German feminists have written an open letter asking that sexual violence not be attributed to race or ethnicity, in the aftermath of the Cologne attacks.
The statement, which has a list demands, was released this week in response the mass attacks that saw around 1,000 men take over an area of the city on New Years Eve.
About 90 women made complaints to police at the time, many relating to sexual assault and rape and it was widely claimed that the perpetrators of the attack were refugees from "the Arab or North African region.
The women's rights activists wrote: "It is harmful for all of us if feminism is exploited by extremists to incite against certain ethnicities, as is currently being done in the discussion surrounding the incidents in Cologne.
"It is wrong to highlight sexualised violence only when the perpetrators are allegedly the perceived ‘others’: Muslim, Arab, black or North-African men, i.e., those who are regarded as ‘non-Germans’ by extremists. Furthermore, sexualised violence must not only be taken seriously if white cis women are the alleged victims."
The statement against comes after Chancellor Angela Merkel said she would consider making Germany’s immigration laws tougher, in the wake of the Cologne attacks.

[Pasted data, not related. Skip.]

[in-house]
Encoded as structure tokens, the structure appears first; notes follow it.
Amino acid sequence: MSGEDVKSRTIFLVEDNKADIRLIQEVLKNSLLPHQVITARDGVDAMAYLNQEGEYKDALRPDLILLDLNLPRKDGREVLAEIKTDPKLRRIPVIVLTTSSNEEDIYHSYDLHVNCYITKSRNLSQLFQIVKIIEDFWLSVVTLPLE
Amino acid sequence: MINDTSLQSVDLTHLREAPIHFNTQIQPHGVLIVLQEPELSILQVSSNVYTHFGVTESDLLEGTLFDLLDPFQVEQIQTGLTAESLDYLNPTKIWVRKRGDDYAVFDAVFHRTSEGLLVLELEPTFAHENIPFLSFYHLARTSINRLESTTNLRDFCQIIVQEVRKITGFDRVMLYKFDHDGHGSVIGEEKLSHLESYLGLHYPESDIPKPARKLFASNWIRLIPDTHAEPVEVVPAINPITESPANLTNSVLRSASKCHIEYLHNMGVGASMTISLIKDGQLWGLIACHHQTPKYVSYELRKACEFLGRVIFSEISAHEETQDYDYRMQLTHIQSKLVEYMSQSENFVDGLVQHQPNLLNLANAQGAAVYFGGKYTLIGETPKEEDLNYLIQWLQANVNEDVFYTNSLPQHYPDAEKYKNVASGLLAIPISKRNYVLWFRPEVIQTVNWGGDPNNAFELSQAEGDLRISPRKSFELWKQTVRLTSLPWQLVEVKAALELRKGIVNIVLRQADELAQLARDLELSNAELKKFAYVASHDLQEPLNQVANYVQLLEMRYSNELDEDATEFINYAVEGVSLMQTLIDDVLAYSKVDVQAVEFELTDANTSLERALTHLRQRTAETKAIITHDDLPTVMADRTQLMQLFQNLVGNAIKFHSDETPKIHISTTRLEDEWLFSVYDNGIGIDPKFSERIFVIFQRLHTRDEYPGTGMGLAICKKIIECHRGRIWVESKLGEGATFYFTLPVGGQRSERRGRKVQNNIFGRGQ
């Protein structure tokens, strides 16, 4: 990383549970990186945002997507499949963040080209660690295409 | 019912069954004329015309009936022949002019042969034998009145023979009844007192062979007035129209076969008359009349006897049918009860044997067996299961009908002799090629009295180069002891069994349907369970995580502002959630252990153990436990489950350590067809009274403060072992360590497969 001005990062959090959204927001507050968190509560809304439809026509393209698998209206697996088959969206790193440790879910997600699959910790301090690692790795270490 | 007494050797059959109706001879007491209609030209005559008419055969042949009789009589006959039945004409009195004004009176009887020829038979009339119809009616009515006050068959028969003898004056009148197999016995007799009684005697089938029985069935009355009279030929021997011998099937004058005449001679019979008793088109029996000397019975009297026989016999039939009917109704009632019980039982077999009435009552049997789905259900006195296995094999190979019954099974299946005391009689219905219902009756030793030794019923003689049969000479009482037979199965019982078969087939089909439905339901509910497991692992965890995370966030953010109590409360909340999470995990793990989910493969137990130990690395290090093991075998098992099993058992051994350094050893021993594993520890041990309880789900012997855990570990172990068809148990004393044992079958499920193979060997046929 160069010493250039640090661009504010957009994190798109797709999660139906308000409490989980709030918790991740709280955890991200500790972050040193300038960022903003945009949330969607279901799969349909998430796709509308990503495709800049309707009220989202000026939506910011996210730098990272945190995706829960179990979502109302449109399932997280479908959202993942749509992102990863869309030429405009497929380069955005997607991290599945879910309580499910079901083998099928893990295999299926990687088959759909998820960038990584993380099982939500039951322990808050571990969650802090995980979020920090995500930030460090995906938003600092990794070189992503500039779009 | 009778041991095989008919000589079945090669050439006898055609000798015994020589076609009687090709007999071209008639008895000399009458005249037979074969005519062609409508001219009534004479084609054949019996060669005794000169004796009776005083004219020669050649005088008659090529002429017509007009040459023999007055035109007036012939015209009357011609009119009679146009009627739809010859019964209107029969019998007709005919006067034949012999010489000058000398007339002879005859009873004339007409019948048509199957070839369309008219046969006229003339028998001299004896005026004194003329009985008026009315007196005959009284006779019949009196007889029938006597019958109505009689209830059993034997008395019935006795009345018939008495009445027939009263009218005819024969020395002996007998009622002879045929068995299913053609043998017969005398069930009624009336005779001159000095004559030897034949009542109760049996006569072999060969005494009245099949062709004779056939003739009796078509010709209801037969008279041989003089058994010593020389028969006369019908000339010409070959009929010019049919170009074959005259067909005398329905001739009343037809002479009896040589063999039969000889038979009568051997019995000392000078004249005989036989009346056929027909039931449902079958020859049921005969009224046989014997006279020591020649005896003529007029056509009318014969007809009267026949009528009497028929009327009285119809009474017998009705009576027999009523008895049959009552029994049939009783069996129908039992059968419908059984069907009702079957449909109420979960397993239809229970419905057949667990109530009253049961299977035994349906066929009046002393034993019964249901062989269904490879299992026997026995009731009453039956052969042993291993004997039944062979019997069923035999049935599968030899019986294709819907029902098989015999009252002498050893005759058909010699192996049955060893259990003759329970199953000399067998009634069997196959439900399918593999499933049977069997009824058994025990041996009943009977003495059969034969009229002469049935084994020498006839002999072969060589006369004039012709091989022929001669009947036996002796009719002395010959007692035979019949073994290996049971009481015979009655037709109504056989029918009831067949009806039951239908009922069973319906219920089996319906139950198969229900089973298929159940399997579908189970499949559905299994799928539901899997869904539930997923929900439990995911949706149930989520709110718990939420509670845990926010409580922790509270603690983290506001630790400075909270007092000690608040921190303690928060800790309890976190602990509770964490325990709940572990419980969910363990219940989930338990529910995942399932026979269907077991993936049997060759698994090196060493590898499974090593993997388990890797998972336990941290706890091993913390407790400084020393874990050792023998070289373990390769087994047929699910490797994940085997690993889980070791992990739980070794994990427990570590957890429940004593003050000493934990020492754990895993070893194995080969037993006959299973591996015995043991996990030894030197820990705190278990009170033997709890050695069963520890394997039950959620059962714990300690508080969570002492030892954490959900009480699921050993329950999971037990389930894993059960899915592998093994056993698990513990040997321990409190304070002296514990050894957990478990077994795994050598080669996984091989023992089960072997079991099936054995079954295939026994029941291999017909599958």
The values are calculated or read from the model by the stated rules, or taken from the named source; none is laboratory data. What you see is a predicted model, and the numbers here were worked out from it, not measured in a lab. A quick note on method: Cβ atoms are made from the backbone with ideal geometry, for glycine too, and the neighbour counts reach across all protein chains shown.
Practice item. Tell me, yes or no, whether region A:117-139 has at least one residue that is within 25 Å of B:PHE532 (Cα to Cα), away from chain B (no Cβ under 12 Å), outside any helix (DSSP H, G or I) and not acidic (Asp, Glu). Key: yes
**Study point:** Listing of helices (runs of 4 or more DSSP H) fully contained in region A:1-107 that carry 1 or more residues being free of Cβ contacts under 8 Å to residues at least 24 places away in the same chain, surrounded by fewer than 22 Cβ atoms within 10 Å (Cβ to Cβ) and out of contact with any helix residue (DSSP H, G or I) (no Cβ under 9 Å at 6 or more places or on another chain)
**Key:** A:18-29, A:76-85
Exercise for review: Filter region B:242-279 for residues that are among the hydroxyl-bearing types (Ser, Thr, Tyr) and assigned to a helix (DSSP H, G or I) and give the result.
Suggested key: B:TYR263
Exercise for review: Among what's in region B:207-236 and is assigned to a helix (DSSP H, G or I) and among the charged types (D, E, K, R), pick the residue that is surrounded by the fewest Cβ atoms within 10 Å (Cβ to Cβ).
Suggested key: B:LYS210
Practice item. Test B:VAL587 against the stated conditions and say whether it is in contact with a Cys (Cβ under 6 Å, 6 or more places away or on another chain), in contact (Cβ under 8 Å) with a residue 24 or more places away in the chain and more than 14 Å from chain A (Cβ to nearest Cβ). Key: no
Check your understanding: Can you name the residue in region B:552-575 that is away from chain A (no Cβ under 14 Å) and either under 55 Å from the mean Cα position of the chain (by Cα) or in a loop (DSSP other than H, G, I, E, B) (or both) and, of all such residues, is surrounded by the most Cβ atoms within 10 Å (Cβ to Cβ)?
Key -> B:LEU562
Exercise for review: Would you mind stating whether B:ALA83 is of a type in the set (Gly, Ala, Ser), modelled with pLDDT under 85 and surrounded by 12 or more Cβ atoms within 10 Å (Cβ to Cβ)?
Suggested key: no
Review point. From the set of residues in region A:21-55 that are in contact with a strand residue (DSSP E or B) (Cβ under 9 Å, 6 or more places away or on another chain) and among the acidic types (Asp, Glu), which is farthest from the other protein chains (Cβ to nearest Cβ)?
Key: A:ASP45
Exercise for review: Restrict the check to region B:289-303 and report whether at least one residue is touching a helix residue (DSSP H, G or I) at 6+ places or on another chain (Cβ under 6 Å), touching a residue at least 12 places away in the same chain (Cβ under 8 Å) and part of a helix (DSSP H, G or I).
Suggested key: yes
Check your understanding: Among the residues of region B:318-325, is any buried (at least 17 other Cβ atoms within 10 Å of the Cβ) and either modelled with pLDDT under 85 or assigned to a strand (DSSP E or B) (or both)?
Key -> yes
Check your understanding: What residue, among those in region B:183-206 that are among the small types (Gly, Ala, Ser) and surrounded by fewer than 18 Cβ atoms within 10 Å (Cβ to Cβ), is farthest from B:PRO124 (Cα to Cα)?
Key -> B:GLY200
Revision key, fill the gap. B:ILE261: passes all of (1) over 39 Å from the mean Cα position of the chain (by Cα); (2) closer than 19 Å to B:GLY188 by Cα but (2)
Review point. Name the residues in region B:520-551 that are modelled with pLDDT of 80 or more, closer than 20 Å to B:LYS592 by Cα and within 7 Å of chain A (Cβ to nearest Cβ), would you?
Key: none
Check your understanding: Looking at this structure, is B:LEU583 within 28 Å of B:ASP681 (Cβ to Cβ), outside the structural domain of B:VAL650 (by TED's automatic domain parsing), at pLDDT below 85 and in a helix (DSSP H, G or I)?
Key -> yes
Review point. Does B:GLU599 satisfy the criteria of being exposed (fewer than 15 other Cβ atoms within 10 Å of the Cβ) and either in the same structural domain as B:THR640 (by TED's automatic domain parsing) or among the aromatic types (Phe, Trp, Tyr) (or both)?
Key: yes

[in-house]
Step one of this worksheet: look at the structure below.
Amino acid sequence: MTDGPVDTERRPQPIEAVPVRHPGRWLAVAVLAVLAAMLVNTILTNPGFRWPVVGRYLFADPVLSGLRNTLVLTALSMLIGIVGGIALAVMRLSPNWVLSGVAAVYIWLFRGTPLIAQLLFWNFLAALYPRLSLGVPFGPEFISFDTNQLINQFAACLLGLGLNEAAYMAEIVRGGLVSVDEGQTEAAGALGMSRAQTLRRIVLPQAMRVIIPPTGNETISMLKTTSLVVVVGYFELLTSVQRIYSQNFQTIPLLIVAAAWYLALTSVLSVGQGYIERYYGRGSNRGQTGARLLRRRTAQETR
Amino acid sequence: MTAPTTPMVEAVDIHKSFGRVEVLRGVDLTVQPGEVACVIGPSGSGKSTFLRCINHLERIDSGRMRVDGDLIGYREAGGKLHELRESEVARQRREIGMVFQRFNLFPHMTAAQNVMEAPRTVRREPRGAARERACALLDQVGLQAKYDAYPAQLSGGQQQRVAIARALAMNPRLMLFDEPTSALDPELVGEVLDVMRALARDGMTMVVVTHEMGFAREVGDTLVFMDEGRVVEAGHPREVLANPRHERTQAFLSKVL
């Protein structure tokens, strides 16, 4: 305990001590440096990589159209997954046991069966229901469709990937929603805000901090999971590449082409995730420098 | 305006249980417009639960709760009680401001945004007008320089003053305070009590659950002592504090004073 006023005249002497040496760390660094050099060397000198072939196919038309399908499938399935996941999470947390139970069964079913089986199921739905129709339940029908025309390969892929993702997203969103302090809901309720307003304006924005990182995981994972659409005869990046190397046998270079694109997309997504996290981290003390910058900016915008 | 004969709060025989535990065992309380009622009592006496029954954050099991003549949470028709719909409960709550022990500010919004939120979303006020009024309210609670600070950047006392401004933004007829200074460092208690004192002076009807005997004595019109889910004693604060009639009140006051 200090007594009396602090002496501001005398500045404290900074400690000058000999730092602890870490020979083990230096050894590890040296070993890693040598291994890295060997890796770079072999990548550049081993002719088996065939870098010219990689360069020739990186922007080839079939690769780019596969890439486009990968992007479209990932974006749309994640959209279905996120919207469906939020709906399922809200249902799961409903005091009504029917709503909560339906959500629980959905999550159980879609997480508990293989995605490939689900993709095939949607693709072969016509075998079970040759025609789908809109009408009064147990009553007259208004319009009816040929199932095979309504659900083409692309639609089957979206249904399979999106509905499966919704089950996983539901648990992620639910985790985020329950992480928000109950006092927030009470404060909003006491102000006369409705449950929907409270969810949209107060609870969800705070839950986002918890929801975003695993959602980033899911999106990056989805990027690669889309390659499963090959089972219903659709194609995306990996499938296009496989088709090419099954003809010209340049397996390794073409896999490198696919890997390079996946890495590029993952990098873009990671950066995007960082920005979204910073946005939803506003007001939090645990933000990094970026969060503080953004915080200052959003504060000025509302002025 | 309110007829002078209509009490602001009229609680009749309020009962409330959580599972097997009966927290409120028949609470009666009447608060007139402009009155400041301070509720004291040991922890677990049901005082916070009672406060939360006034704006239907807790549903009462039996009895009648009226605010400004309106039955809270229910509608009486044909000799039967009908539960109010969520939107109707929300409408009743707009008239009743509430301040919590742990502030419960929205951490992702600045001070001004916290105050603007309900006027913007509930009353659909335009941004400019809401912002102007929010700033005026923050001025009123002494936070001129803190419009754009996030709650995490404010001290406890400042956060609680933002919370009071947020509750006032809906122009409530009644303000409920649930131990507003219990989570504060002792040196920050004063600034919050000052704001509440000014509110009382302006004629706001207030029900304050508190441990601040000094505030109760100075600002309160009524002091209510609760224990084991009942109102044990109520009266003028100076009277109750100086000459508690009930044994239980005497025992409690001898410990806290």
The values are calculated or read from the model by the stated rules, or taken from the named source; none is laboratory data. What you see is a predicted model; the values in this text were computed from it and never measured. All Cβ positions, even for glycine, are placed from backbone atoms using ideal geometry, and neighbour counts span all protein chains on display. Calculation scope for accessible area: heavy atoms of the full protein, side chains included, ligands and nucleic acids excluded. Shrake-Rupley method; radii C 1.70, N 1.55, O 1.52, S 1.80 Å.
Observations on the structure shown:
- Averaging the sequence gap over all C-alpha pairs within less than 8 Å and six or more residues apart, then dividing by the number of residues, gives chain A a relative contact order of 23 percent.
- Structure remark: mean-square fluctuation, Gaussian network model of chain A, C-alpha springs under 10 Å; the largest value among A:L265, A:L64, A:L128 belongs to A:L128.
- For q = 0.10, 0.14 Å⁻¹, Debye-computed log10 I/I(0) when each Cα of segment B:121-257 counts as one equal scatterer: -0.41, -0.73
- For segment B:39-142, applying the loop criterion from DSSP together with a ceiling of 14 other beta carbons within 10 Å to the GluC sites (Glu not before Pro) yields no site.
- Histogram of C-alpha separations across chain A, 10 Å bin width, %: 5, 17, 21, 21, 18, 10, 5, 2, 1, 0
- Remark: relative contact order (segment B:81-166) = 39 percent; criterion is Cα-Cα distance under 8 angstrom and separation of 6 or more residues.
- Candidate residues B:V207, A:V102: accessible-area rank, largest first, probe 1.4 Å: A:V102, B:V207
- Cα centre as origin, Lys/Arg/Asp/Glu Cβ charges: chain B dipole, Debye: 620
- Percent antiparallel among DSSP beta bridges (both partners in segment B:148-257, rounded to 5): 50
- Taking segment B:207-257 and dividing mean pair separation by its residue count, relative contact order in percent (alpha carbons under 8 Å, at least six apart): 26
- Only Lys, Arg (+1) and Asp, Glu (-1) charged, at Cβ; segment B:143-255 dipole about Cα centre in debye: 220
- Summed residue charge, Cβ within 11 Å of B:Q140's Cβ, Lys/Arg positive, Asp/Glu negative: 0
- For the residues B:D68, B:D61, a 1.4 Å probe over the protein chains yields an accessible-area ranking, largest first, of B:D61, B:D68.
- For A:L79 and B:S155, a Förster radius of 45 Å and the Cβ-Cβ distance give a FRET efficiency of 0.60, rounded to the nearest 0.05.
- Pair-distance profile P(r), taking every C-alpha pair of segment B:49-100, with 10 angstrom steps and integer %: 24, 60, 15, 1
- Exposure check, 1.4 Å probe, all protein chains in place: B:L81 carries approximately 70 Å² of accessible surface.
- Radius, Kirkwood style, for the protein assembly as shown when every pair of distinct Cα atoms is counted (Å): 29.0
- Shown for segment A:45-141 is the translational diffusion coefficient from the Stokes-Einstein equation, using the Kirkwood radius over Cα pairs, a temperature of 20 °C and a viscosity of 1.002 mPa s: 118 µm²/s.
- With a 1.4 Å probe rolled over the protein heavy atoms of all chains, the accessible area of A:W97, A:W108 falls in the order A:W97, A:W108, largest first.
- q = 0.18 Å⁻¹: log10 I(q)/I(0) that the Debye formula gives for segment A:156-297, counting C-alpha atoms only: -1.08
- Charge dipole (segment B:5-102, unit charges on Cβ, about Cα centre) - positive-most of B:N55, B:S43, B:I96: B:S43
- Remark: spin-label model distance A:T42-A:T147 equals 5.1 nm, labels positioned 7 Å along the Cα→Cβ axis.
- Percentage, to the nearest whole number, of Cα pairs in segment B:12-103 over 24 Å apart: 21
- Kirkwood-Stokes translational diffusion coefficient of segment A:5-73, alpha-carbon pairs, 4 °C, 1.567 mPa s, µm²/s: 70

Merkel said that she will look at making it easier to deport immigrants who commit crimes.
The group used the hashtag #ausnahmslos (Noexcuses) to draw attention to the open letter, which further explained using research, why it is important to focus on the issue.
"Combatting sexualised violence must be the political priority every single day, because it is omnipresent. A 2014 a study by the European Union Agency for Fundamental Rights found that more than one in two women experience sexual harassment.
"One in three women over the age of 15 have experienced physical and/or sexualised violence. Statistics by the German Federal Police count more than 7,300 reported rapes and sexual assaults in Germany every year, amounting to more than 20 every day. Not to mention the many more that are never reported," it said.
The statement also comes as a solution after the Mayor of Cologne faced criticism for her attempt at tackling the problem.
Henriette Reker said women should adopt a "code of conduct" to prevent future sexual assaults in the city, advising women to stay in groups, not be separated, always try and keep their distance and always stay an arms length away from strangers.